The Marine Corps plans to upgrade its two K-MAX unmanned cargo helicopters to improve the service's ability to autonomously deliver gear to forward-positioned grunts.
The Corps first deployed the K-MAX unmanned cargo delivery helicopters to Afghanistan in 2011, using the experimental systems -- developed by Lockheed Martin and Kaman Aerospace -- to carry tons of supplies to troops. The aircraft were put in storage after they redeployed from Afghanistan in 2014, but were pulled out and sent to Yuma, Arizona to help with cargo transportation in 2016.
Lt. Gen. Steven Rudder, deputy commandant for Marine Corps Aviation, on Wednesday told members of the Senate Armed Services Committee's subcommittee on seapower that the service will continue to expand upon the K-MAX concept.
"We are trucking them back to Connecticut to have them retrofitted to get them back flying again," he said, answering a question from Sen. Joni Ernst, R-Iowa, about the service's efforts to use autonomy in the future of aviation. "We are having them retrofitted with some systems that will make them autonomous. We hope to get them back next year, and that will allow us to go back and experiment more with autonomous systems."
The K-MAX is capable of carrying up to 6,000 pounds of cargo at a time, making it a logistics "workhorse," Rudder said. "We are hoping that this research project will really help us get into the autonomous part of that particular system."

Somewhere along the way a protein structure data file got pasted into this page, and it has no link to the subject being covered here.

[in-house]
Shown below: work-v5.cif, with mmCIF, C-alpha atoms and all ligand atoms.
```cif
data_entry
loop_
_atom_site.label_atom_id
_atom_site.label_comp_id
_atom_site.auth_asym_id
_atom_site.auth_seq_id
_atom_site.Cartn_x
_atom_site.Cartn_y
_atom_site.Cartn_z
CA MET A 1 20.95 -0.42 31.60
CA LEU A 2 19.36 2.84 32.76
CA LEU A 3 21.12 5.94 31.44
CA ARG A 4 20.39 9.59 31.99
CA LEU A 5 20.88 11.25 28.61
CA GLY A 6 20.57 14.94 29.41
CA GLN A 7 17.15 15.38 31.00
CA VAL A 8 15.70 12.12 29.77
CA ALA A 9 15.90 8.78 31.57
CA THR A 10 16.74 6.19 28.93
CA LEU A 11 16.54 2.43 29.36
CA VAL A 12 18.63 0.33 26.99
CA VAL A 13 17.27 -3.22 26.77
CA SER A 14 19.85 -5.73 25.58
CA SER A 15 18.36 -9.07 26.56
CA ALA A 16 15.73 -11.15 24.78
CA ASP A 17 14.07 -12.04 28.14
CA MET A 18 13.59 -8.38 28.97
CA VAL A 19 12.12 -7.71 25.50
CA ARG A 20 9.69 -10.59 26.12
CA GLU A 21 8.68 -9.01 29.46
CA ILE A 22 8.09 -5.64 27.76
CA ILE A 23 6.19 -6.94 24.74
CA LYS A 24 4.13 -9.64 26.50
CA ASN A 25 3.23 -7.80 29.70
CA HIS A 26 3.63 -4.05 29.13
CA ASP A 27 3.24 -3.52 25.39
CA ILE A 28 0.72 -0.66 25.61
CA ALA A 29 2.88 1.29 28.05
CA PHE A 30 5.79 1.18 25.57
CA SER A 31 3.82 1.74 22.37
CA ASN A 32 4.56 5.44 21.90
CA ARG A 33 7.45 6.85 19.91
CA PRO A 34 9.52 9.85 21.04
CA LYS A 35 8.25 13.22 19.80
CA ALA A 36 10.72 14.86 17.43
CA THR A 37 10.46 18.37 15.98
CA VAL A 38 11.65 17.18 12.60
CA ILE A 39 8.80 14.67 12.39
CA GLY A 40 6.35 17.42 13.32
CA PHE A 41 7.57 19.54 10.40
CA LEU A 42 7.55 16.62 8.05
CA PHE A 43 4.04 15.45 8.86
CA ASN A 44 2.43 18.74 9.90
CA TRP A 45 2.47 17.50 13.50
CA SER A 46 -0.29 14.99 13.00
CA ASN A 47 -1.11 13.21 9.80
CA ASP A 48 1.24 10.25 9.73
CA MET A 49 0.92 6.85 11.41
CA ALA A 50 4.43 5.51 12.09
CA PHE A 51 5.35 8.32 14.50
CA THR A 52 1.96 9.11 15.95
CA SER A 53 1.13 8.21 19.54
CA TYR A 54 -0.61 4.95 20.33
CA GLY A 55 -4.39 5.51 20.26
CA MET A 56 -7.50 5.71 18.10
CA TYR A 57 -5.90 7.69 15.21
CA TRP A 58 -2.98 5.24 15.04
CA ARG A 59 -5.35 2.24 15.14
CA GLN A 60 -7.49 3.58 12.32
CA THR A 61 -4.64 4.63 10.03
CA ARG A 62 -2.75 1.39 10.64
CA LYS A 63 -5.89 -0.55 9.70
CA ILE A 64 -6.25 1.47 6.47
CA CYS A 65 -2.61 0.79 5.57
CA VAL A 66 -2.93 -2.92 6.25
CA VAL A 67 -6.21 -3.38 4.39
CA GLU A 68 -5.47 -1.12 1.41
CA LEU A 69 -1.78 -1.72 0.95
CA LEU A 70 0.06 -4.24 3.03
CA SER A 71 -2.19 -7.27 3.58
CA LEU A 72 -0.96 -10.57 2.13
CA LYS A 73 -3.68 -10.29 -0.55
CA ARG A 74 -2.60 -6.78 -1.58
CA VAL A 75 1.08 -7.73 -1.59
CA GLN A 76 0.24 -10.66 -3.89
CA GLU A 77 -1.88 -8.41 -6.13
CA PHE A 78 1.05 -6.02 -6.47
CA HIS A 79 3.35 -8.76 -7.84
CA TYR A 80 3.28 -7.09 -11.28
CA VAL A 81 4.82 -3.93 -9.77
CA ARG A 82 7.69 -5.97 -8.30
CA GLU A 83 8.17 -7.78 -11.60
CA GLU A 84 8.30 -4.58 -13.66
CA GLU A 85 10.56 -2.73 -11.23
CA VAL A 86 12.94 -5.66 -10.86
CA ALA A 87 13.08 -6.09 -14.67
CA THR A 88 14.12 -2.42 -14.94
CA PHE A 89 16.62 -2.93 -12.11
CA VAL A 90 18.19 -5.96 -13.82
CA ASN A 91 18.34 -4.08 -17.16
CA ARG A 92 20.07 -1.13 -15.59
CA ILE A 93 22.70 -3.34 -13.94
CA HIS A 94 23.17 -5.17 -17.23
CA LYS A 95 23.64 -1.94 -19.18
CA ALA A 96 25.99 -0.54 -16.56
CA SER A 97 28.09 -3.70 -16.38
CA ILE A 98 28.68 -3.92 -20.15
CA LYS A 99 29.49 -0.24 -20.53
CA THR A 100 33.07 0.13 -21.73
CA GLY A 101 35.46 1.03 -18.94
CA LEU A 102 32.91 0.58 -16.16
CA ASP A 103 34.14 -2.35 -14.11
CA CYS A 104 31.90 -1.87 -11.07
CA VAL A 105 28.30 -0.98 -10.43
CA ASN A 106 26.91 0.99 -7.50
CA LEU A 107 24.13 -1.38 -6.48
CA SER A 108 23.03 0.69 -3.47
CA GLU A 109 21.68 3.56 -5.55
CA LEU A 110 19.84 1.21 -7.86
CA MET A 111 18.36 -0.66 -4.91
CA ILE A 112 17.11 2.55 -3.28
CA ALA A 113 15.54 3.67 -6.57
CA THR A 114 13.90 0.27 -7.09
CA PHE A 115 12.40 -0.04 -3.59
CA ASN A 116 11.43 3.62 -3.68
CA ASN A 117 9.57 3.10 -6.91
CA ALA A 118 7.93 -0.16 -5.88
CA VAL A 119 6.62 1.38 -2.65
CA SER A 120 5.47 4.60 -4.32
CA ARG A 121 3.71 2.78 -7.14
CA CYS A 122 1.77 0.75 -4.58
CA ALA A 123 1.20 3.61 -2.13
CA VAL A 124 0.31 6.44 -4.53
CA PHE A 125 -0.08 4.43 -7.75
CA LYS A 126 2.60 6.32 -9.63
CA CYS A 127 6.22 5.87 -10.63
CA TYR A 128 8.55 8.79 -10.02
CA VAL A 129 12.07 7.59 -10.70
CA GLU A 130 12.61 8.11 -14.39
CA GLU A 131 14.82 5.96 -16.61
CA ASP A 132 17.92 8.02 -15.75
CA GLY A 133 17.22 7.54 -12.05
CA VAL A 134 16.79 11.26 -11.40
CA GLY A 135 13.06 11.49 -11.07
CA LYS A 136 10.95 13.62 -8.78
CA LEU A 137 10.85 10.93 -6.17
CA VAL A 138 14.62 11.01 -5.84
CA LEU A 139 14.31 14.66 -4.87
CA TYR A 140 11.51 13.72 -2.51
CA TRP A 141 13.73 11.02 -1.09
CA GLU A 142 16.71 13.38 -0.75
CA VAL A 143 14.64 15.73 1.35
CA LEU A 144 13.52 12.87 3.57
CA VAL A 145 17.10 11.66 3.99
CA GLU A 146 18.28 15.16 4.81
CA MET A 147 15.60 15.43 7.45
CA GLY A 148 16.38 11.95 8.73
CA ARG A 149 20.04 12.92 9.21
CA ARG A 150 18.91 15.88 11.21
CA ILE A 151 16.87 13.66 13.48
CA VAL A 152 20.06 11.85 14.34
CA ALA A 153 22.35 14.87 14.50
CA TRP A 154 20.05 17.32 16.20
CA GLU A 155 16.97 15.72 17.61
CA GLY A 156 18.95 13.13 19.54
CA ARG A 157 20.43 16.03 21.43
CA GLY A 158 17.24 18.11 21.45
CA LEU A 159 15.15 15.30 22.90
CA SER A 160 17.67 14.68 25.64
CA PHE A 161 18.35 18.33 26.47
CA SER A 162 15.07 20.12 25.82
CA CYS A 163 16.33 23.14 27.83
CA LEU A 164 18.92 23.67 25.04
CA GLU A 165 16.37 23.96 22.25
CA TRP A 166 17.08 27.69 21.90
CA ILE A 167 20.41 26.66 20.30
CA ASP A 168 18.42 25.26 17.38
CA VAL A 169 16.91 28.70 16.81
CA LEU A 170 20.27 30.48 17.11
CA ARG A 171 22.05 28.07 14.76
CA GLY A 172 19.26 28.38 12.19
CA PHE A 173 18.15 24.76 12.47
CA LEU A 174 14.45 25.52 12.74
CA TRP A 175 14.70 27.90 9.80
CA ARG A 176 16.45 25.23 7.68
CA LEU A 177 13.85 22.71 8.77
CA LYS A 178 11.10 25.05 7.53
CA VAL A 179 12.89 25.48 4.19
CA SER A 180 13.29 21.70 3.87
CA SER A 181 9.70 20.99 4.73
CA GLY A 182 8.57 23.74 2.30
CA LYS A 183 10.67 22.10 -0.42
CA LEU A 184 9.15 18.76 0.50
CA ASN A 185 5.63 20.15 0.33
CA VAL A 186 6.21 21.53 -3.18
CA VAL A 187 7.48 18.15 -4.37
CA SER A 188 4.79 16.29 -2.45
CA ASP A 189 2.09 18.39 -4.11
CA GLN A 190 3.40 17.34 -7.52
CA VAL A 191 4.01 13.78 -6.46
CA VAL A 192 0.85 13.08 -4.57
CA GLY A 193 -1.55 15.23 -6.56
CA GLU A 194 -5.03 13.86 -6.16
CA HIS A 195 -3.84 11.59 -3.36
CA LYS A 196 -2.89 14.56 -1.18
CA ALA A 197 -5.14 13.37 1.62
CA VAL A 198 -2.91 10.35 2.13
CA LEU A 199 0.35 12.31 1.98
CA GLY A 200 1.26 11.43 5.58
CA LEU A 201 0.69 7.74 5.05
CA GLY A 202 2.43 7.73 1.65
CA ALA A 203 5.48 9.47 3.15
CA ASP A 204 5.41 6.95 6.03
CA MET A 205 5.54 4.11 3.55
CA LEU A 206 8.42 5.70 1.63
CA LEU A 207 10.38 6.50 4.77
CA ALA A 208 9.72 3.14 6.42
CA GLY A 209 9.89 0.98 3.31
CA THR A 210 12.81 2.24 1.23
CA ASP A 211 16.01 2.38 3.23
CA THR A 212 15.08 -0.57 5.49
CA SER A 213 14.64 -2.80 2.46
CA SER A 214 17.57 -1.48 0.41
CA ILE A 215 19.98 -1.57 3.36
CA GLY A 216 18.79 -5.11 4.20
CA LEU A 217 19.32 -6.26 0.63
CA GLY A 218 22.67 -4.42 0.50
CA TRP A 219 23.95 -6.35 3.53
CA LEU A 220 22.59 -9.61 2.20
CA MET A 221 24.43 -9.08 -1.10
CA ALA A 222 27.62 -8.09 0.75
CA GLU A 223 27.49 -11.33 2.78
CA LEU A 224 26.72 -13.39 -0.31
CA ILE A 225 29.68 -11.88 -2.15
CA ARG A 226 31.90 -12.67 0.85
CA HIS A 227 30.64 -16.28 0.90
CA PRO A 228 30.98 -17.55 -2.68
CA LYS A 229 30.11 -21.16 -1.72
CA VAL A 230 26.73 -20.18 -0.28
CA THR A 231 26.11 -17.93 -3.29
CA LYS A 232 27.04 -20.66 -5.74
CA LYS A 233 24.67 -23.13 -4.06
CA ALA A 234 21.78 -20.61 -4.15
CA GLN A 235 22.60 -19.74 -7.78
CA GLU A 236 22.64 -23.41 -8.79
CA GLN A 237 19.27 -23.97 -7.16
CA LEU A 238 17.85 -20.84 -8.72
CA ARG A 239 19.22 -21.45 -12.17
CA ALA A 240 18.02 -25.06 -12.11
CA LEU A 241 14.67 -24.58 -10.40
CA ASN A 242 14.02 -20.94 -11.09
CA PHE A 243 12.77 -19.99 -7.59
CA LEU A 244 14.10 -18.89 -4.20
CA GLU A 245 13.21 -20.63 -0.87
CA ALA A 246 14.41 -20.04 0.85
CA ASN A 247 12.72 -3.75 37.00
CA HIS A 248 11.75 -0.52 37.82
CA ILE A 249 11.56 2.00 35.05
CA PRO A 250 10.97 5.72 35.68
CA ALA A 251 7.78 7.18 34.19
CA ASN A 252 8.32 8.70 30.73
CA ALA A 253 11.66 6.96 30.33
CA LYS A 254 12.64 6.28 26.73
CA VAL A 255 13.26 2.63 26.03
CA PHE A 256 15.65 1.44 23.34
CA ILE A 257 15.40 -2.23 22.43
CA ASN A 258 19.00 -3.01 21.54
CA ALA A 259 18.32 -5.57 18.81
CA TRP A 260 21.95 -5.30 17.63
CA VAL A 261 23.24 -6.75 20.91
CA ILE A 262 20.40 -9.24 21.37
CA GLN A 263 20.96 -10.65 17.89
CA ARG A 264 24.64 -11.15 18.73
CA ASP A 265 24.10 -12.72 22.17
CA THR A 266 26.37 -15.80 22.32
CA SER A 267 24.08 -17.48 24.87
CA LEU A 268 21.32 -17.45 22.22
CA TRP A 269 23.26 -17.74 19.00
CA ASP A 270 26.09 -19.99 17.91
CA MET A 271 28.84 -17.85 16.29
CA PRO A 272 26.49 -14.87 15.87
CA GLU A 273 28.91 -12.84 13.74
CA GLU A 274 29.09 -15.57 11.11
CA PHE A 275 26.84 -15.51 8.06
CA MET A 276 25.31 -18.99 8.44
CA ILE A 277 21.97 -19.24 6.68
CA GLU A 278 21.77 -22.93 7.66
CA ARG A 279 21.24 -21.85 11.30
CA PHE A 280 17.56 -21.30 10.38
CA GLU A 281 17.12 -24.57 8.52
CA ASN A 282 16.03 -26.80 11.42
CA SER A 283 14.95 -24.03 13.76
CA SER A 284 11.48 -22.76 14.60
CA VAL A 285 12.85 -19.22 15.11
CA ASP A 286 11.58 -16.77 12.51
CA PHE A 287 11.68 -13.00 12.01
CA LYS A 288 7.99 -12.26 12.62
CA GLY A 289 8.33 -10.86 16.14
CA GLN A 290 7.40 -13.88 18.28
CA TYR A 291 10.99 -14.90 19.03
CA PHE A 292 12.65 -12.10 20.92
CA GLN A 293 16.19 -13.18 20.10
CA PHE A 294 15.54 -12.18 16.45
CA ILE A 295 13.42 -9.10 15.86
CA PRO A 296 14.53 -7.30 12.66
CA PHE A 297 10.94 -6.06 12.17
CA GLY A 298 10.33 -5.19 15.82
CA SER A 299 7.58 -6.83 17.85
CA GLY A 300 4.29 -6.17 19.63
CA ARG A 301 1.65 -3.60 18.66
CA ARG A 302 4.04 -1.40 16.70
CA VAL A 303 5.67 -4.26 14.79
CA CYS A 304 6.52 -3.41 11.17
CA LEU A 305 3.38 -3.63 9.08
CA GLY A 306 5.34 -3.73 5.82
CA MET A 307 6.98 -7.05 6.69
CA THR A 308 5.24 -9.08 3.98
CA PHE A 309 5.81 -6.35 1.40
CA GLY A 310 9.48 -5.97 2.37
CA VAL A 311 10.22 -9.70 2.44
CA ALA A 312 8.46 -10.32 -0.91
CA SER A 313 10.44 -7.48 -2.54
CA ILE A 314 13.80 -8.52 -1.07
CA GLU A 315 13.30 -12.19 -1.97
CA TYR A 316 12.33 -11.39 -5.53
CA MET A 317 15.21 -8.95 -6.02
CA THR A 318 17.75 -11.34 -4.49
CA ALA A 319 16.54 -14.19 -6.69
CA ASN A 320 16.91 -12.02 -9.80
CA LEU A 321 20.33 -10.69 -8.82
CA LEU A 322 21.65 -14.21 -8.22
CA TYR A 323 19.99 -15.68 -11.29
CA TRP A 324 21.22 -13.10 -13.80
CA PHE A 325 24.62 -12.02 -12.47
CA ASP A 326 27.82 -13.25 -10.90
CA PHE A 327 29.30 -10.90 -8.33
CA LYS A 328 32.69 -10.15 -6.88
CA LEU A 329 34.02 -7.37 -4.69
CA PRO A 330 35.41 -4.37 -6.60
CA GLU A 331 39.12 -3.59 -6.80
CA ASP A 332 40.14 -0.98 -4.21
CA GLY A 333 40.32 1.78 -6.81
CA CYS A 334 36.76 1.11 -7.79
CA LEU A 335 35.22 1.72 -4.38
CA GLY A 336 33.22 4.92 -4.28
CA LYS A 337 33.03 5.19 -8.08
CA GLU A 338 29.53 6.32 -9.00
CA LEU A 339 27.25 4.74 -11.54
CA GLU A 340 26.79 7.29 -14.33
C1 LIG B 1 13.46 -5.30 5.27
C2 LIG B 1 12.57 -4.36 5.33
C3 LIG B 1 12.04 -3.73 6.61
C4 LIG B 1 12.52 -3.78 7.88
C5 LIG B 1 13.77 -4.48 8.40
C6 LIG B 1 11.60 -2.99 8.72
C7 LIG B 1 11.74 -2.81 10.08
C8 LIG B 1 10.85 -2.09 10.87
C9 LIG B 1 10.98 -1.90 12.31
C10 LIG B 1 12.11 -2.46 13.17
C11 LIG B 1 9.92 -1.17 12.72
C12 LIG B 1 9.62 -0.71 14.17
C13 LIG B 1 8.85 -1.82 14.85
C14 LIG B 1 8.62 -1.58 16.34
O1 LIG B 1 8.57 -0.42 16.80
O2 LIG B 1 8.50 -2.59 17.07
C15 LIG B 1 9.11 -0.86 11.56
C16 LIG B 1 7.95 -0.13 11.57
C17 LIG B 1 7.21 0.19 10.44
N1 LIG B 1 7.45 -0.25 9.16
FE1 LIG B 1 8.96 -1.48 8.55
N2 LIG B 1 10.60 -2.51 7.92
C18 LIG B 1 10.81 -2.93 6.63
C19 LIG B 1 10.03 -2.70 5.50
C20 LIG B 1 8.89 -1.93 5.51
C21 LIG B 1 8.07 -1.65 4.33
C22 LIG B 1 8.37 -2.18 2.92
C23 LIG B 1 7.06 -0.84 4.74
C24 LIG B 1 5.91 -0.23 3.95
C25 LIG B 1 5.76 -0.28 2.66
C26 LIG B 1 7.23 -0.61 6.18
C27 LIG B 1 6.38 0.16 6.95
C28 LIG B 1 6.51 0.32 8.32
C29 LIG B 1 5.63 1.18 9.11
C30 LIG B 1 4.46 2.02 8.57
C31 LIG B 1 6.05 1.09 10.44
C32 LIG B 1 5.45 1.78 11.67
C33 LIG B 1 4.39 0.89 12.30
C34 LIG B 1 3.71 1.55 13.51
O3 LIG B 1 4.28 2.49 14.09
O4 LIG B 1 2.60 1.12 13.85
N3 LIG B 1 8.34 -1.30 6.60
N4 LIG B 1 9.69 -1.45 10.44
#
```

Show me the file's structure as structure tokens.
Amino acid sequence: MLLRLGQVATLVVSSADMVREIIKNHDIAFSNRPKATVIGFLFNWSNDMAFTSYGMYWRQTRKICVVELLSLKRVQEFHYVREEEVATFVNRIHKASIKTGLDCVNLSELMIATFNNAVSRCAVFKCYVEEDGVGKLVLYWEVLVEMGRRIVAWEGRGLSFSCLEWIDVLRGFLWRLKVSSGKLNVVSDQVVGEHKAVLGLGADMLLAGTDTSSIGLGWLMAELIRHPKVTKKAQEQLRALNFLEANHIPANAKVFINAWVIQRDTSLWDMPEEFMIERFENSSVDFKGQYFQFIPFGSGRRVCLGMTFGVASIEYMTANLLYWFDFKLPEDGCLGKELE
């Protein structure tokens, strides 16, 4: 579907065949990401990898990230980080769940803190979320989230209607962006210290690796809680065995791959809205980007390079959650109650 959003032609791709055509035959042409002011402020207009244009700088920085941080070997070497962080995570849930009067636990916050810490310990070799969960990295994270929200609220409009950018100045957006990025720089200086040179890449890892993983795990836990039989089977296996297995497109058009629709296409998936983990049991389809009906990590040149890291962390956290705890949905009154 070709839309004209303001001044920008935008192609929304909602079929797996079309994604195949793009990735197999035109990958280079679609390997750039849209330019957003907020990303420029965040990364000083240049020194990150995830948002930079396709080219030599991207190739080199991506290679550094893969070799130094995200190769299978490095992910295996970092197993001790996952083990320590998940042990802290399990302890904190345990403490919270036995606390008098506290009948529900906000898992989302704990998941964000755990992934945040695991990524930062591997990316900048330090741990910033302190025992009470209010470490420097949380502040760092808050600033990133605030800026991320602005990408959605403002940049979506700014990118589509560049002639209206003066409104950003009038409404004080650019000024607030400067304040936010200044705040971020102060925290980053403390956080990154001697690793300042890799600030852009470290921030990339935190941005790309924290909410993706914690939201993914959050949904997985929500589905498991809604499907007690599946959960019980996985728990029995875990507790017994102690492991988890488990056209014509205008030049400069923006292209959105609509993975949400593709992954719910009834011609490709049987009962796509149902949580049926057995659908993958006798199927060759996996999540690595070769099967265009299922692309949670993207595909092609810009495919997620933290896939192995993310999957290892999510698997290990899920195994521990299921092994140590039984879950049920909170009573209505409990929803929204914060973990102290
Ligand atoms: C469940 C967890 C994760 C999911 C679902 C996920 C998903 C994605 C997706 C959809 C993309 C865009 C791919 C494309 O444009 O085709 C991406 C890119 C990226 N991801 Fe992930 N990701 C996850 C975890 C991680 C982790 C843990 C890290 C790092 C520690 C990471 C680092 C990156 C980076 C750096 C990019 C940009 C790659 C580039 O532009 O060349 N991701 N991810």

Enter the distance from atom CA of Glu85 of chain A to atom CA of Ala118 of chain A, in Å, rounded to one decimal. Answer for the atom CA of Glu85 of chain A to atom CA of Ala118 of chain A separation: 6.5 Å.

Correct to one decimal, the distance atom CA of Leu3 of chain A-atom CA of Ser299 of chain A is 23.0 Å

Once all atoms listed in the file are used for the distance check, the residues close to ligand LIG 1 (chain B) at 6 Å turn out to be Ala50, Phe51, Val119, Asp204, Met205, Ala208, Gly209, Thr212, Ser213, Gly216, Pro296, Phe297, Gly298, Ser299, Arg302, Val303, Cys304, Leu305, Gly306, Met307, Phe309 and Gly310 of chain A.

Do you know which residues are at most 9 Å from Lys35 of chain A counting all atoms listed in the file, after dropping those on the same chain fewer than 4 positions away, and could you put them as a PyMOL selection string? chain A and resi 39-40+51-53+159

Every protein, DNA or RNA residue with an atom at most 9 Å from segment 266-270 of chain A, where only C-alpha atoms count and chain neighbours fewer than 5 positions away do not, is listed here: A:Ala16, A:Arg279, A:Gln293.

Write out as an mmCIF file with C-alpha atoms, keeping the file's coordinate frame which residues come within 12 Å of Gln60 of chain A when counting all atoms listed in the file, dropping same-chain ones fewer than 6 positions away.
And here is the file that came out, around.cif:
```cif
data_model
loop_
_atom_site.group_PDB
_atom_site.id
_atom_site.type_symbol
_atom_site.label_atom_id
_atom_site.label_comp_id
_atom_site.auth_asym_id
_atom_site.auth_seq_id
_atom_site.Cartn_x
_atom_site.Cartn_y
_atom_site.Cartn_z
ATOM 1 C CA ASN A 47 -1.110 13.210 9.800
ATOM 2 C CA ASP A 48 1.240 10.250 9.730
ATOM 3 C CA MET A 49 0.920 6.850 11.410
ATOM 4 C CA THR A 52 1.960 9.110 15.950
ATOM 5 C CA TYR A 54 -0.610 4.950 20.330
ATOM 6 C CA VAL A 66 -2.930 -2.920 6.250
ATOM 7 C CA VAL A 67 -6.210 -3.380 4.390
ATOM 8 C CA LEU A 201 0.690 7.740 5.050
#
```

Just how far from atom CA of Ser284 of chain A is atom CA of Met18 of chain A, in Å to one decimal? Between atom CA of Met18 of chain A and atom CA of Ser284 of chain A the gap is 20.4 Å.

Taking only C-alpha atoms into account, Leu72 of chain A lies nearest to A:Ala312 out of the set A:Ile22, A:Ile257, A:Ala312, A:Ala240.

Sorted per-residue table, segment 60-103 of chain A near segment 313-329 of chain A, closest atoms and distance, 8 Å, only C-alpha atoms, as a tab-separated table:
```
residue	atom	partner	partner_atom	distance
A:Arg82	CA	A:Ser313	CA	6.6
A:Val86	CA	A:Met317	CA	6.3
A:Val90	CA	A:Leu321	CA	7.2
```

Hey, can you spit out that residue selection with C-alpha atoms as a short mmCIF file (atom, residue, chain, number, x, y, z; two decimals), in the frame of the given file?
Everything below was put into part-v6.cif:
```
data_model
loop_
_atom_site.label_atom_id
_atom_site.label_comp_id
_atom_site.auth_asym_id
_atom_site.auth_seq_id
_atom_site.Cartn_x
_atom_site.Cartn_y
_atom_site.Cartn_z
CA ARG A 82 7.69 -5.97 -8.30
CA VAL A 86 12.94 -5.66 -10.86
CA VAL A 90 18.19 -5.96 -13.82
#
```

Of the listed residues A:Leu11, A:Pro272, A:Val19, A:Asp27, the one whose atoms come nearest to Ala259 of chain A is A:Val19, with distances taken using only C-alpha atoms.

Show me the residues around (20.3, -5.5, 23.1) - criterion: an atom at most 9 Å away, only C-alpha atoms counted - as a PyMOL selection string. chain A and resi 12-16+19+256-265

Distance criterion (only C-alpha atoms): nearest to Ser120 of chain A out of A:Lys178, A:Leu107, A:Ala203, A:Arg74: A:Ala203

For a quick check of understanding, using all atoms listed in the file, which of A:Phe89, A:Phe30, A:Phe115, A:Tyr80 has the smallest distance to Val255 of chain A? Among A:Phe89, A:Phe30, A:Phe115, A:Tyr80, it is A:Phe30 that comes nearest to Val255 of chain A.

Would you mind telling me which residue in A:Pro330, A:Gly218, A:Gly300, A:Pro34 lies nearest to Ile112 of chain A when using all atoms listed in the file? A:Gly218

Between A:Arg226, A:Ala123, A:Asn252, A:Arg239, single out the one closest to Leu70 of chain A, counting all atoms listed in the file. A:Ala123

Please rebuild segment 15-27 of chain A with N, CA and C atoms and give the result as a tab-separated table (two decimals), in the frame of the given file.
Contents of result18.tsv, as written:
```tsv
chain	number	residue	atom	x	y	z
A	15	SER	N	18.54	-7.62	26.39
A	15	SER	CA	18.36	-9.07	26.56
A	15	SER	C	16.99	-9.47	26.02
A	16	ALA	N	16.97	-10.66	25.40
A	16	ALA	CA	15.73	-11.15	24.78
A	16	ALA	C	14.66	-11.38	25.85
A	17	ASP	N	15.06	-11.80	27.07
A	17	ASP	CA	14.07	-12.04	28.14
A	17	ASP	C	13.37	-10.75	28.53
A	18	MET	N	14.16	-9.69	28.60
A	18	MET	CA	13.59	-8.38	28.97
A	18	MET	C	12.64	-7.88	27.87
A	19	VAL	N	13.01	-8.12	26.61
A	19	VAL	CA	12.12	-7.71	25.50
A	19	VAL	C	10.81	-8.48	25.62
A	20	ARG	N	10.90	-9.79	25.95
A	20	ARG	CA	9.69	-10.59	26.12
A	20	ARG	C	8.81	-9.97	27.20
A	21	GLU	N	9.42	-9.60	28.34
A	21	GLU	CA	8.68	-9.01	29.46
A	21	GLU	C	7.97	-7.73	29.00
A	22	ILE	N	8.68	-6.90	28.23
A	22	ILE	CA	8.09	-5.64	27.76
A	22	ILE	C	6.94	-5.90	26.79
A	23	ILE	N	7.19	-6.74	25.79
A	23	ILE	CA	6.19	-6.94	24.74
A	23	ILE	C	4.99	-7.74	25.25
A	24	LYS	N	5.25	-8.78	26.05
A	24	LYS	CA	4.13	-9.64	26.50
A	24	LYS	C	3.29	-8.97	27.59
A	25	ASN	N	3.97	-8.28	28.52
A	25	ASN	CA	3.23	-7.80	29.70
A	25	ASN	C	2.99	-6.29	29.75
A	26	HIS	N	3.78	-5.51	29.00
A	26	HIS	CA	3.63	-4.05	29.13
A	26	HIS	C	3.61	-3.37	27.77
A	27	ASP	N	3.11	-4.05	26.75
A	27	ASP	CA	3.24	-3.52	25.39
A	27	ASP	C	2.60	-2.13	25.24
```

In addition to K-MAX, the Corps is exploring other autonomous systems, such as its Marine Air-Ground Task Force Unmanned Expeditionary System, or MUX, a ship-launched sea drone, he said.
"We would like to have that be an autonomous, early warning electronic warfare type of asset that has long-loiter persistence time that does the job of what an E-2D [Advanced Hawkeye] would do off the carrier. But it does that from the amphibious ready group," Rudder said.
James Geurts, assistant secretary of the Navy for research, development and acquisition, told Ernst that his service wants to develop a single, common data link to talk to anything unmanned "so we don't get into the situation where we have to have 10 different data links."
"When we talk about 'where we are going forward,' it is to open up our ability to take whatever comes -- so that vehicle, whatever it looks like, is discovered, invented by whomever -- we can quickly integrate it into the weapon system," Geurts said.
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